Posts: 1,139
Default

Hi Tom,

You might want to have a look at one of the Contax models like the
SL300RT or the U4RT. A few of these are still available new I believe.

go here to read Andy Bright's review:

http://www.digiscoped.com/ContaxSL300RT.html

Best regards,

Lin
Lin Evans is offline   Reply With Quote
Old Jan 7, 2009, 9:18 PM   #5
Member
 
Join Date: Jun 2008
Posts: 65
Default

I do not think you can beat the Canon A-590 for digiscoping, and it is availble for about $120 dollars. I currently like the Lumix LX3. The lens retracts about 7/16 of an inch during zoom. To make the best use of it you need to be able to follow that retraction back with the eyepiece, but remove it when the camera lens resets to the extended position. I do this by mounting my eyepiece in a two inch tube so it is adjustable. The two inch tube fits two inch focusers on my telescopes.

Anycamera for digiscoping is obsolete after a couple of years.
Gene9 is offline   Reply With Quote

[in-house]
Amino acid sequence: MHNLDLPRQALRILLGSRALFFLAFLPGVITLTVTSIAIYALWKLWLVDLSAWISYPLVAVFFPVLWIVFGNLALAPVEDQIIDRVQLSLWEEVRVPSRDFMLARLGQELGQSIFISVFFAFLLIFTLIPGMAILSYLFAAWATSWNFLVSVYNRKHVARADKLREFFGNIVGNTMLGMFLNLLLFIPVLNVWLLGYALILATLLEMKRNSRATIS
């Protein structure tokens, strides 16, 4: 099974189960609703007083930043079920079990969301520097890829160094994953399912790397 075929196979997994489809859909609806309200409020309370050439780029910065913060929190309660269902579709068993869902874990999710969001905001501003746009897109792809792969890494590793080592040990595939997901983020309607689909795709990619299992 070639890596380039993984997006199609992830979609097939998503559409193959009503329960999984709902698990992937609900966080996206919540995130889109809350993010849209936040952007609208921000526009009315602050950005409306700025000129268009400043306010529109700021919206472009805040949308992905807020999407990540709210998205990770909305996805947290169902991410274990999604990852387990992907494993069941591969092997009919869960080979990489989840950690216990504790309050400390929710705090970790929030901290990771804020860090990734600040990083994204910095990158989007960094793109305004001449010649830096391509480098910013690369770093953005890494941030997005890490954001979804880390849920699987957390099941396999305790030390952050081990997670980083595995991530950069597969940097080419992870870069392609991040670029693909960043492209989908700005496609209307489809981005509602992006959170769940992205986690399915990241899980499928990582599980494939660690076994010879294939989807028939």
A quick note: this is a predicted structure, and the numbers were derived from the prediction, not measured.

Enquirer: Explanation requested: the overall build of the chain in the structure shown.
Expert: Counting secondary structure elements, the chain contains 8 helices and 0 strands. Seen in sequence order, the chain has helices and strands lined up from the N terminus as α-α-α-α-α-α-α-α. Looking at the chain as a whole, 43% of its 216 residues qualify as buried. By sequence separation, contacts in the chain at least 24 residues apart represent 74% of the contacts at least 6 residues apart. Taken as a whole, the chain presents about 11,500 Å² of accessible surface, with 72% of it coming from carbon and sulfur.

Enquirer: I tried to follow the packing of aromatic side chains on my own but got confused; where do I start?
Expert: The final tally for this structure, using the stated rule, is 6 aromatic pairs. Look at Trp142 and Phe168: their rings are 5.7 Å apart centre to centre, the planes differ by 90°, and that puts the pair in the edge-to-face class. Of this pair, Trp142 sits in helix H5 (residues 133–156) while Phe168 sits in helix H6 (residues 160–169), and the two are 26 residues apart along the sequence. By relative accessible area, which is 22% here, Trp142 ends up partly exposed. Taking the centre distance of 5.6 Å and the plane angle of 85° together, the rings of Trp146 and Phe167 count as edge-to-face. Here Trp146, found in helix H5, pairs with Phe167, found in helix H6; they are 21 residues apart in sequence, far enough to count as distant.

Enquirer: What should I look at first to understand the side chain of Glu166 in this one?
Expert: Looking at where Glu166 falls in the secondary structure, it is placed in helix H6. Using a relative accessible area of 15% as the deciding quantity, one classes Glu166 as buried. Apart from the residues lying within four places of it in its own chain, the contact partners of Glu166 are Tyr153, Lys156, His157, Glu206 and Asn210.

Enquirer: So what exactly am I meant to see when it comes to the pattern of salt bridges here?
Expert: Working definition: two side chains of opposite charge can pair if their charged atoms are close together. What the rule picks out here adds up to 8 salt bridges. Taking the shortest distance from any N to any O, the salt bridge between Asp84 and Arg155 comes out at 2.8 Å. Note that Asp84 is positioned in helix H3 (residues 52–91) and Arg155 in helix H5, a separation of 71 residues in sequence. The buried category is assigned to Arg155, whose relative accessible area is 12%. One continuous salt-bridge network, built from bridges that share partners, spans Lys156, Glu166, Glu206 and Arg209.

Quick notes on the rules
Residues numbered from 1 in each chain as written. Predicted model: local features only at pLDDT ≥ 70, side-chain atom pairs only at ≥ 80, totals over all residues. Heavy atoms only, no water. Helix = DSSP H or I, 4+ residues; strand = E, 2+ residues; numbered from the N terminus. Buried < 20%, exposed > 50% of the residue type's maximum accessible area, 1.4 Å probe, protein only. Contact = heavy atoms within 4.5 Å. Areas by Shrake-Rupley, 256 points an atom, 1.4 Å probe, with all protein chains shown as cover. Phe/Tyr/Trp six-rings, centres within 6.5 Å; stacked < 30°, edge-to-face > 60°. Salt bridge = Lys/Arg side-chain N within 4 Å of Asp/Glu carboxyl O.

Old Jan 8, 2009, 1:48 AM   #6
Moderator
 
Join Date: Jun 2002
Posts: 1,139
Default

Hi Gene,

Though there are things to like about the A-590, there are also drawbacks which prevent it from being a serious choice for many digiscopers.

The externally telescoping lens, no filter threads and no remote control of shutter make it problematic for many.

The Nikon CP series have 28mm filter threads which allow mounting directly to threaded, dedicated eyepieces, they have electronics adaptable to use with triggering devices such as the Harbortronics DigiSnap series which can control not only shutter release and focus but even zoom without physically touching the setup. They also have focus confirmation which reveals exactly where the focus point is and can help get that critical focus necessary for crisp images at extreme focal lengths.